Zenith Gallery Presents:
Women of Zenith Who Have Reached the Zenith!
In Honor of DC being the First City in the Country to be Run by Women
& In Celebration of the 37th Anniversary of Zenith Gallery
Show Dates: January 12- April 26, 2015
At 1111 Pennsylvania Ave, NW, Washington, DC 20004
Opening Reception to Meet the Artists: Wednesday, February 18, 5 – 8 pm
With: Anne Bouie, Renee DuRocher, Margery E. Goldberg, Joan Konkel, Donna McCullough, Carol Newmyer, Lynda Smith-Bugge, Cassie Taggart, and Joyce Zipperer
Artists = Artists
Kicking off the New Year, and ushering in the 37th year of Zenith Gallery, please join us in celebrating Women’s History Month. Our current exhibition offers the viewer a chance to contemplate the many contributions women, of all races and ethnicities, have made to the visual arts. According to tradition, in the past a woman’s place was in the home, where she was under the tutelage, first of her father and then of her husband. Her main duties were to be a wife and a mother. It was only in the 20th century when women became (almost) universally eligible (legally as well as culturally) to receive the highest levels of artistic training, and to pursue a career in the visual arts. Of course, when you contemplate women of color, you must take into consideration the further obstacles they have faced in being regarded as equal to the task – given our historic, undeniable bias in favor of both white artists, as well as male artists. In short, women artists just want to be perceived as artists. Fast-forward to the 1970’s, and Margery E. Goldberg founds Zenith Gallery. Travel a little further in time, and you arrive at today’s wide array of women working in the arts – dealers, curators in museums, artists, appraisers, framers – you name it! From cast bronze, to glass, to mesh, to carved wood, to paint, to found object, to fiber, and beyond, our current exhibit showcases the unexpected, the lovely, the ironic, and the sublime. These women have created pieces that are at times: ironically sharp-witted, playful or serious, invested in political and social commentary, or personal and autobiographical in nature. Thus, the works are also universal in theme and scope.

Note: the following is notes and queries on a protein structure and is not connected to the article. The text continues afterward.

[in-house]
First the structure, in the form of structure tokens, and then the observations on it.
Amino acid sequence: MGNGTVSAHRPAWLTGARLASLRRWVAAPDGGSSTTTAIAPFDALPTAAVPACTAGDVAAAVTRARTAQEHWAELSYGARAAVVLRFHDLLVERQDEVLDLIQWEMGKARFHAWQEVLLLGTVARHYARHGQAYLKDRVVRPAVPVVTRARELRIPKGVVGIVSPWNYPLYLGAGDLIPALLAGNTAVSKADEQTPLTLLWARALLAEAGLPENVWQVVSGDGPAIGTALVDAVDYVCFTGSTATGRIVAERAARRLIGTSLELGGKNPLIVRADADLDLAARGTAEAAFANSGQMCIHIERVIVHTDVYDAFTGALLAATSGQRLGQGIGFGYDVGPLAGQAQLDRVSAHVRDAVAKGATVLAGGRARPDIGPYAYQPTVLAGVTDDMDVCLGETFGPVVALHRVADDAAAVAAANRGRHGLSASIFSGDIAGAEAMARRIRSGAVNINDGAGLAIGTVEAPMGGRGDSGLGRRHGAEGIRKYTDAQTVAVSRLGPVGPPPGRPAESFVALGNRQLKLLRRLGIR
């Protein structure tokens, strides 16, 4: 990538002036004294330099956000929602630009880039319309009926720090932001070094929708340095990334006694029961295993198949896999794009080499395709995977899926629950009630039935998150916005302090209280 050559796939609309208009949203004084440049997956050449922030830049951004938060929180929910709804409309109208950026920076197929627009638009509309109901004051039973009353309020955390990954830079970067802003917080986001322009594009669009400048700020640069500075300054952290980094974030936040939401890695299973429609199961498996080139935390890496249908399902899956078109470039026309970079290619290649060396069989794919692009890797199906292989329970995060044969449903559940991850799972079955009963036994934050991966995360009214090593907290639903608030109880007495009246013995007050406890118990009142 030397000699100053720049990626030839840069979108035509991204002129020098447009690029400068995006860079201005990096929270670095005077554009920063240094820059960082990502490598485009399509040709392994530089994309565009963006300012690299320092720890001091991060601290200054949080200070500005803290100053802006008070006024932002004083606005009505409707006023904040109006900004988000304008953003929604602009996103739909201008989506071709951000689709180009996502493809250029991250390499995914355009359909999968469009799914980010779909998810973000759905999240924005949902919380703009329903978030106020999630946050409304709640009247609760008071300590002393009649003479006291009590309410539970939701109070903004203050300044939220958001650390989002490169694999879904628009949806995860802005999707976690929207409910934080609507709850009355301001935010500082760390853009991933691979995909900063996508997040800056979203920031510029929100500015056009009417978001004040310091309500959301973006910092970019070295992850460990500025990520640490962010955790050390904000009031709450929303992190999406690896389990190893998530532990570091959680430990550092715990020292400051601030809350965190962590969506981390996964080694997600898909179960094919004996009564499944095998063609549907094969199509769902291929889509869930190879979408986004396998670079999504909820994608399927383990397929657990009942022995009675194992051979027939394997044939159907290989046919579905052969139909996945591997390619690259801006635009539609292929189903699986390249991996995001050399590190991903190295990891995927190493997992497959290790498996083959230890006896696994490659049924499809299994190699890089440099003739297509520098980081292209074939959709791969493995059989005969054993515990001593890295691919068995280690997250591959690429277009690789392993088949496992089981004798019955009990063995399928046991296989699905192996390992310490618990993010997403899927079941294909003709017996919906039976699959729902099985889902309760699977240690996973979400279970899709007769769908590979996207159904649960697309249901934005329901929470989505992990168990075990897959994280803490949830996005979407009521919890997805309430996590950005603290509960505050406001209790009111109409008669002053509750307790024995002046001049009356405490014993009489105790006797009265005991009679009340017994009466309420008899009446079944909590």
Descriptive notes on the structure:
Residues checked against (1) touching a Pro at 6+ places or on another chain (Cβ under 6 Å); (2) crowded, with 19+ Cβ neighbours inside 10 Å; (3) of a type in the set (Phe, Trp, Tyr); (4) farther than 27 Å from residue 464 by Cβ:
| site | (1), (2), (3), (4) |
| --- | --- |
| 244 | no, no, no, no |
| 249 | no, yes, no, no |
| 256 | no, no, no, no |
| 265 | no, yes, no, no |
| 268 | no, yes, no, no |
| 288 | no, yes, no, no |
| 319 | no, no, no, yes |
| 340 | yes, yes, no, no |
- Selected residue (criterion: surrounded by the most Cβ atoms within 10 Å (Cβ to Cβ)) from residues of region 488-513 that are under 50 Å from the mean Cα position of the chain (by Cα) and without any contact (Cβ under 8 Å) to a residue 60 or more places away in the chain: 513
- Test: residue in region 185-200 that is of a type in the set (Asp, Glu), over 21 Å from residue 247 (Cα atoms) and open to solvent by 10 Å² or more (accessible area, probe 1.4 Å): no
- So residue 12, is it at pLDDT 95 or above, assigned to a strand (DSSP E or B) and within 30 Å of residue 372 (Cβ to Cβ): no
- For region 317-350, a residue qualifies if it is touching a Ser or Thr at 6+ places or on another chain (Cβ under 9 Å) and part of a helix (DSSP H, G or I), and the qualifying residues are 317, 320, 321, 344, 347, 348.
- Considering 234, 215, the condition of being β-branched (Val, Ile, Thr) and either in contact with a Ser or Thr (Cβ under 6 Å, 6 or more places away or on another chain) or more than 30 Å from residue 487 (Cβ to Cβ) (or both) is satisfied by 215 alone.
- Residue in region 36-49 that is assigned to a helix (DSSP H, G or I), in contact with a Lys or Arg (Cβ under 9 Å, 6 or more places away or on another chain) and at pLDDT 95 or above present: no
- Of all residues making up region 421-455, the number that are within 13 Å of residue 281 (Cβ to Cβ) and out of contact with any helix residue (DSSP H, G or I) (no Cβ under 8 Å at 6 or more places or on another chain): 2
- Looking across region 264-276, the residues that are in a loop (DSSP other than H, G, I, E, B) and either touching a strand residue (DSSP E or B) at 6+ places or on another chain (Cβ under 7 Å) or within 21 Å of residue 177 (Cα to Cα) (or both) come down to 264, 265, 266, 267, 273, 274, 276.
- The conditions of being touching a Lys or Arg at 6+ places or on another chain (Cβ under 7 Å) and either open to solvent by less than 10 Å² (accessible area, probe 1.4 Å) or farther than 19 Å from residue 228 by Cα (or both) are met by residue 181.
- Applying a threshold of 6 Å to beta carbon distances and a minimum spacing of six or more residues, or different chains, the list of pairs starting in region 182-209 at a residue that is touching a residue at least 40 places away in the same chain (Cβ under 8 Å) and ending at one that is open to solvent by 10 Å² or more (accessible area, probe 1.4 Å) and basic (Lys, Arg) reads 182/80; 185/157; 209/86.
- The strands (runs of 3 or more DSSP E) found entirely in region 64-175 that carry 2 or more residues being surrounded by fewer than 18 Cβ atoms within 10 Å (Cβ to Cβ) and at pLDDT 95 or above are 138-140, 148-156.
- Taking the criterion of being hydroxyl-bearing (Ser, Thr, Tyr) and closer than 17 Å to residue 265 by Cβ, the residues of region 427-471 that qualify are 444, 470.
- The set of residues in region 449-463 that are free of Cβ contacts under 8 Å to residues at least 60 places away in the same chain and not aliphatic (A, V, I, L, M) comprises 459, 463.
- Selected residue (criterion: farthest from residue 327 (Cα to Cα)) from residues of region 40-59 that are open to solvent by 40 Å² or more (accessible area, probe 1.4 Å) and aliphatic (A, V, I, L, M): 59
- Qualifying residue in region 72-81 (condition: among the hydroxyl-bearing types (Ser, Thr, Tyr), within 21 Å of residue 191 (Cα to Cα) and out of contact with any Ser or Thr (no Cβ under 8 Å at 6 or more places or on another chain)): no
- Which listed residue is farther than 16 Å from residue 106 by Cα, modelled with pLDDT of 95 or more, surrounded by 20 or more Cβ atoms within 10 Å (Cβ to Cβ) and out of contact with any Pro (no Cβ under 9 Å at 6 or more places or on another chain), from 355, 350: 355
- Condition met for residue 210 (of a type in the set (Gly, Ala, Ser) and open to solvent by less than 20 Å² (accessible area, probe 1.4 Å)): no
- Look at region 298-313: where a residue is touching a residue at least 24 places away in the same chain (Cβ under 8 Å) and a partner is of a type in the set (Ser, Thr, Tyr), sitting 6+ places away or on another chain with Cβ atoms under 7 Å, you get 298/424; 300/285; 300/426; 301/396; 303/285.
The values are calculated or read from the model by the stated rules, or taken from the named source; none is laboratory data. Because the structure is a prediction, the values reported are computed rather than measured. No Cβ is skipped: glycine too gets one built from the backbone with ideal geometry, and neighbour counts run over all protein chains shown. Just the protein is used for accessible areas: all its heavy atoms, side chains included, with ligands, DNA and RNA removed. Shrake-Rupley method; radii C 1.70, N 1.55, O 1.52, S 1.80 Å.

Anne Bouie creates work that can be interpreted through the lens of the Afro-Caribbean religion of Regla de Ocha that originated with the Yoruba people of Central Africa. Many of her objects do appear to have come from an altar or a shaman’s sacred rites. Others may interpret her art as natural extensions of her aspiration as an artist to express the universal themes of order, harmony, growth, beauty and transformation. Bouie herself acknowledges the evocation of pre-conversion European, Native American, and African religious and spiritual traditions and symbolism, when she discusses her artistic process. Though highly trained in education and history, Anne is an artist in the naïve tradition, and draws heavily upon pre-conversion indigenous cultures, which use art to heal, teach, and sustain meaning. The traditions of southern folk artists are also a source of inspiration for her.
Lynda Smith-Bügge “undresses” trees to reveal their beauty and their imperfections. In doing so, she brings forth rough exteriors and explores rich, hidden interiors, thus shaping fallen trees into works of art with spirit, structure, and timelessness. In her view, tree wounds (through their ‘scars’) suggest strength and add expression and history to each of her pieces. Lathe-turned symmetrical, mechanical shapes play off of organic design. Lynda invites you to witness the simple grace of line, texture, and rhythm created by the forces of nature, as presented in each of her works.
Renée duRocher was born in the Quebec province of Canada. She holds a Bachelor’s degree in Arts Plastiques (The Sculptural Arts) from the University of Quebec, and is the recipient of numerous prizes and distinctions. DuRocher’s works are featured in several private and public collections in Quebec and the United States. These include the Government of Canada, the City of Granby Quebec, the Musée de Beaux-arts de Sherbrooke, the Musée Pierre Boucher, the Centre d’Arts Orford (Quebec), Pratt & Whitney Toronto, the Desjardins Collection, as well as several business as well as private collections within the United States.